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Economic Indicators

While the interpretations of economic indicators and central bank policies remain challenging, investors must constantly monitor for unexpected changes. Why? The unexpected changes can often lead to significant volatility in the financial market. Also, the changes can signal pivotal turns in business cycles. Economic indicators tend to be leading, coincident, and lagging indicators.

The three (3) sets of economic indicators that can convey peaks and troughs in the business cycle consist of leading, coincident, and lagging indicators.


Lagging Economic Indicators (LAG)


(1) Non-farm payrolls (NFP) – US Bureau of Labor Statistics publishes monthly labor market reports. (2) Average hourly earnings – US Bureau of Labor Statistics releases the price businesses pay for labor on the first Friday of each month. (3) Unemployment rate – One of the most significant lagging indicators. It shows the percentage of the workforce that is unemployed but seeking employment. (4) Corporate earnings – It is a popular lagging indicator widely tracked by investors. Because it reports the past performances of a company, it is often late to pivotal turns in business cycles.


Coincident Indicators (CEI)


(1) Gross Domestic Product (GDP) – It is one of the broadest measures of economic activity. The important coincident indicator measures the change in the total value of all goods and services produced. (2) Gross National Product (GNP) – Another popular coincident indicator measuring economic activities. Unlike GDP, GNP includes the net income from foreign investments. (3) Personal spending or consumer spending – Because 70% of the US GDP comes from consumer spending, it is one of the most followed measures of economic health. (4) Retail sales – US Census Bureau releases the total value of consumer-level sales approximately 13 days after the month ends. It is a gauge of consumer spending and economic activity. (5) Industrial production – This indicator measures the value of the output produced by industrial manufacturers. It is another relevant coincident indicator since production is sensitive to changes in the business cycle. (6) Consumer Price Index (CPI) – Investors and traders monitor CPI for changes in the price of goods and services to determine inflationary pressures and shifts in monetary policies. (7) Producer Price Index (PPI) – Another widely followed inflation indicator that records finished goods and services from producers. Changes in PPI can lead to cost-push inflation.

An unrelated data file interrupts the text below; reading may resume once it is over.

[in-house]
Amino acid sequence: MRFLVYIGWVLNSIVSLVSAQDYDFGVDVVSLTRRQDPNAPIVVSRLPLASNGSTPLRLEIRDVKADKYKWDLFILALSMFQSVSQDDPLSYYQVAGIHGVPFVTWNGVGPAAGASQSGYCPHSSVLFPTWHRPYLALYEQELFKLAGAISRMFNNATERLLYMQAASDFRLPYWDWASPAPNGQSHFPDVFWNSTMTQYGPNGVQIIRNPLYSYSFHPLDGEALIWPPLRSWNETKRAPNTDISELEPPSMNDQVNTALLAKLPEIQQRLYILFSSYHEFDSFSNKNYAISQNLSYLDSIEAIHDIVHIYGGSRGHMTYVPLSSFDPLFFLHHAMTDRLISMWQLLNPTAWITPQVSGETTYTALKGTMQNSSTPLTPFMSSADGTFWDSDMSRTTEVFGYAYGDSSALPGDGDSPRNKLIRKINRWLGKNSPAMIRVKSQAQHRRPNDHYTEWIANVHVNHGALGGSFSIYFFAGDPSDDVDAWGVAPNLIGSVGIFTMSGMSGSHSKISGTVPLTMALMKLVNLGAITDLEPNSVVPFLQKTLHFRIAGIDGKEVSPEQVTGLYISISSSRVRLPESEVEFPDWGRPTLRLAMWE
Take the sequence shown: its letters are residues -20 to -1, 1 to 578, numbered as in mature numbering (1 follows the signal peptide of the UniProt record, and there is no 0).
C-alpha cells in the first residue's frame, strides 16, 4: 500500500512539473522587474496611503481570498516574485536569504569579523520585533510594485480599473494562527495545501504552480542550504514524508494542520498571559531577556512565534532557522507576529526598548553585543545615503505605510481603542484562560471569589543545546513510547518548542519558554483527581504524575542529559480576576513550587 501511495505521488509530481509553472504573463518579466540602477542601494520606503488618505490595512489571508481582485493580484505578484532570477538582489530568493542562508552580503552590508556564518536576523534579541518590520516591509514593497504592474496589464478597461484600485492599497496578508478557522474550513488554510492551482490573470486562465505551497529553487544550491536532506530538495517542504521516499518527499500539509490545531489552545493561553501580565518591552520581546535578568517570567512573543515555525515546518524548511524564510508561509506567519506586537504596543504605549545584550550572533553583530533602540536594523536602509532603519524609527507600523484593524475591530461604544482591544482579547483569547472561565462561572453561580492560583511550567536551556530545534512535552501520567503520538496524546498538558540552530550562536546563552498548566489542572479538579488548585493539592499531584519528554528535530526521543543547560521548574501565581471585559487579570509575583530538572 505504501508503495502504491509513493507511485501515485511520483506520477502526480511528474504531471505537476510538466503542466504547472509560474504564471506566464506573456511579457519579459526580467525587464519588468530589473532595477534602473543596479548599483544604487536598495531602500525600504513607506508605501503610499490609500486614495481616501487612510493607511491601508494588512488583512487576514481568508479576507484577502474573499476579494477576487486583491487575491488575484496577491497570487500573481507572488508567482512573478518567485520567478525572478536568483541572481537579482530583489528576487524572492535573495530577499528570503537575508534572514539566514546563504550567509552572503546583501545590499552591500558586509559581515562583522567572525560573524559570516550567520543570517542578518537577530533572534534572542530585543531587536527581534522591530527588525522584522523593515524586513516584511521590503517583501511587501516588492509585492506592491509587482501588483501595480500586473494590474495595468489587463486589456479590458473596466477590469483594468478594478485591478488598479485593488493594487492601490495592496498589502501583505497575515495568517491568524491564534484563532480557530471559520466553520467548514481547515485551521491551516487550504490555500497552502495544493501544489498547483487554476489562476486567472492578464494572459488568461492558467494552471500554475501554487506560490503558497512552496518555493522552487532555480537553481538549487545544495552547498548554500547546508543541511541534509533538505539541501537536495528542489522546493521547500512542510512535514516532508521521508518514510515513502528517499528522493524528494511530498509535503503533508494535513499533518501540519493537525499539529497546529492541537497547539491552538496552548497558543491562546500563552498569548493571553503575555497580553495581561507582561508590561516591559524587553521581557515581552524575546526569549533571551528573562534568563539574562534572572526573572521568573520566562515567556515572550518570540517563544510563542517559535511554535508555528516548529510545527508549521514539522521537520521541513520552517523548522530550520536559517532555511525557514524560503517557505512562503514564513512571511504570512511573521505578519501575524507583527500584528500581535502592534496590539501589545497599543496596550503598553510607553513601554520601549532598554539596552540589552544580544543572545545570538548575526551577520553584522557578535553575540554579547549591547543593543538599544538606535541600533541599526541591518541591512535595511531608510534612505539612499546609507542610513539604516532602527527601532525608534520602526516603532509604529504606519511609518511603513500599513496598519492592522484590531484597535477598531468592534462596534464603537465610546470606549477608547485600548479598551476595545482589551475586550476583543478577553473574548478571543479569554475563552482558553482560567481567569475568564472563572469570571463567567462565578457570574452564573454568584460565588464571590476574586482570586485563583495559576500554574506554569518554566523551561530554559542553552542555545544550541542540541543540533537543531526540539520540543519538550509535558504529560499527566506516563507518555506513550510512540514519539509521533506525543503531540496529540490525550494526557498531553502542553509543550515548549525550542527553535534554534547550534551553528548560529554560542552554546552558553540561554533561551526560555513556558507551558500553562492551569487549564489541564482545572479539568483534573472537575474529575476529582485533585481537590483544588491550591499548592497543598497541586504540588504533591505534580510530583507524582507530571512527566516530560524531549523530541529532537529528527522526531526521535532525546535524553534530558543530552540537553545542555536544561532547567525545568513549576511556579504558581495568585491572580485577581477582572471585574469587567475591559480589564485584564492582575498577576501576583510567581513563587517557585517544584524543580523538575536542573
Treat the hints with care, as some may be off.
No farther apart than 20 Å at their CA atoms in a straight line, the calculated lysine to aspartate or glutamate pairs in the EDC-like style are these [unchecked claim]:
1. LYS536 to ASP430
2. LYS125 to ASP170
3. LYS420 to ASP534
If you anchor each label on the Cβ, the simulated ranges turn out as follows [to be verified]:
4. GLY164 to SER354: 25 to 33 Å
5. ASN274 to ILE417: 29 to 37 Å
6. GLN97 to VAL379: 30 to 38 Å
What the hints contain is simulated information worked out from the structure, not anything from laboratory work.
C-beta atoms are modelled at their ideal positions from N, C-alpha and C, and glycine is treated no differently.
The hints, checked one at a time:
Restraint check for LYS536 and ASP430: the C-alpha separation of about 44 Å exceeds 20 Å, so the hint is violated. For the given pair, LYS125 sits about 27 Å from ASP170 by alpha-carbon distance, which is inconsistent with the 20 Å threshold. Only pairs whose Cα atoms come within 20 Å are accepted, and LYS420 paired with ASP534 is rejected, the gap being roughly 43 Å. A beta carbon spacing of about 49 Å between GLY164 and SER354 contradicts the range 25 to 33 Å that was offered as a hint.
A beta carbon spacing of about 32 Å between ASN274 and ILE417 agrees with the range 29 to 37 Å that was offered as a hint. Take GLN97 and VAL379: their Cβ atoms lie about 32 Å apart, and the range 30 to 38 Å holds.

Leading Indicators (LEI)


(1) Central bank monetary policies – One of the most important leading indicators in the financial market. Actions by central bankers via adjustments in monetary policies can influence the economy by stimulating or slowing the business cycles, creating price stability, and allowing for employment. (2) Money supply is a complex leading indicator. The degree of money in circulation signals the willingness of consumers and businesses to spend and invest. (3) Consumer confidence – There are many sentiment indicators available. However, the Conference Board’s Consumer Index is one of the most influential of all consumer confidence surveys. (4) Capacity utilization – The indicator reports on the extent a company uses its machinery and productive capacity. Higher capacity utilization can lead to higher economic output and growth. (5) New housing starts – The number of new residential buildings is highly correlated with building permits and is a powerful indicator of construction. (6) Commodity prices – Commodities such as Oil is a leading indicator of economic conditions and inflationary forces. (7) Bond yields – Another critical leading indicator that serves dual purposes - convey investor confidence (risk appetites) and economic conditions. (8) Stock market – Some believe it may be one of the best leading indicators of the economy and investor sentiments. When stocks perform well, it signals an economy that is expanding or recovering and vice versa.


Rising interest rates, stubborn inflationary pressures, tight monetary policies from central bankers, and recent bank failures (i.e., Silicon Valley Bank) continue to roil Wall Street and Main Street.


While US regulators attempt to contain the fallout from the recent bank failures, the leading economic indicators continue to trend lower, suggesting the US economy is vulnerable to another recession.


The Conference Board, the member-driven not-for-profit think tank organization, has played an integral role in reporting economic conditions for the US economy since its formation in 1916.


Based on the uncertainties in the US economy and the challenges facing the Fed, we will turn to the Conference Boarding Leading Economic Index (LEI) for guidance to help uncover the state of the US economy.


The Conference Board survey in 2022 showed the pandemic, rising inflation, labor shortages, and supply chain disruptions were on the minds of CEOs and other C-suite executives. Interestingly, corporate CEOs ranked recession/economic contraction as their number one concern for 2023.


Enclosed are charts of the Conference Board US Leading Economic Indicators.


Although the annual growth rate of the US LEI increased slightly during January 2023 (see Chart 1 – YOY % change of LEI and Real GDP), most of the LEI components continue to decline (Chart 2 – LEI Index and component contributions (%)).


Another chart shows the trajectory of the US LEI. A brief analysis suggests an increased chance of a US recession in the next 12 months (Chart 3 – US LEI 6-month growth rate).


Source: Courtesy of Conference Board, Bureau of Economic Analysis (BEA) – Chart 1

Source: Courtesy of Conference Board, Bureau of Economic Analysis (BEA) – Chart 2

Source: Courtesy of Conference Board, Bureau of Economic Analysis (BEA) – Chart 3

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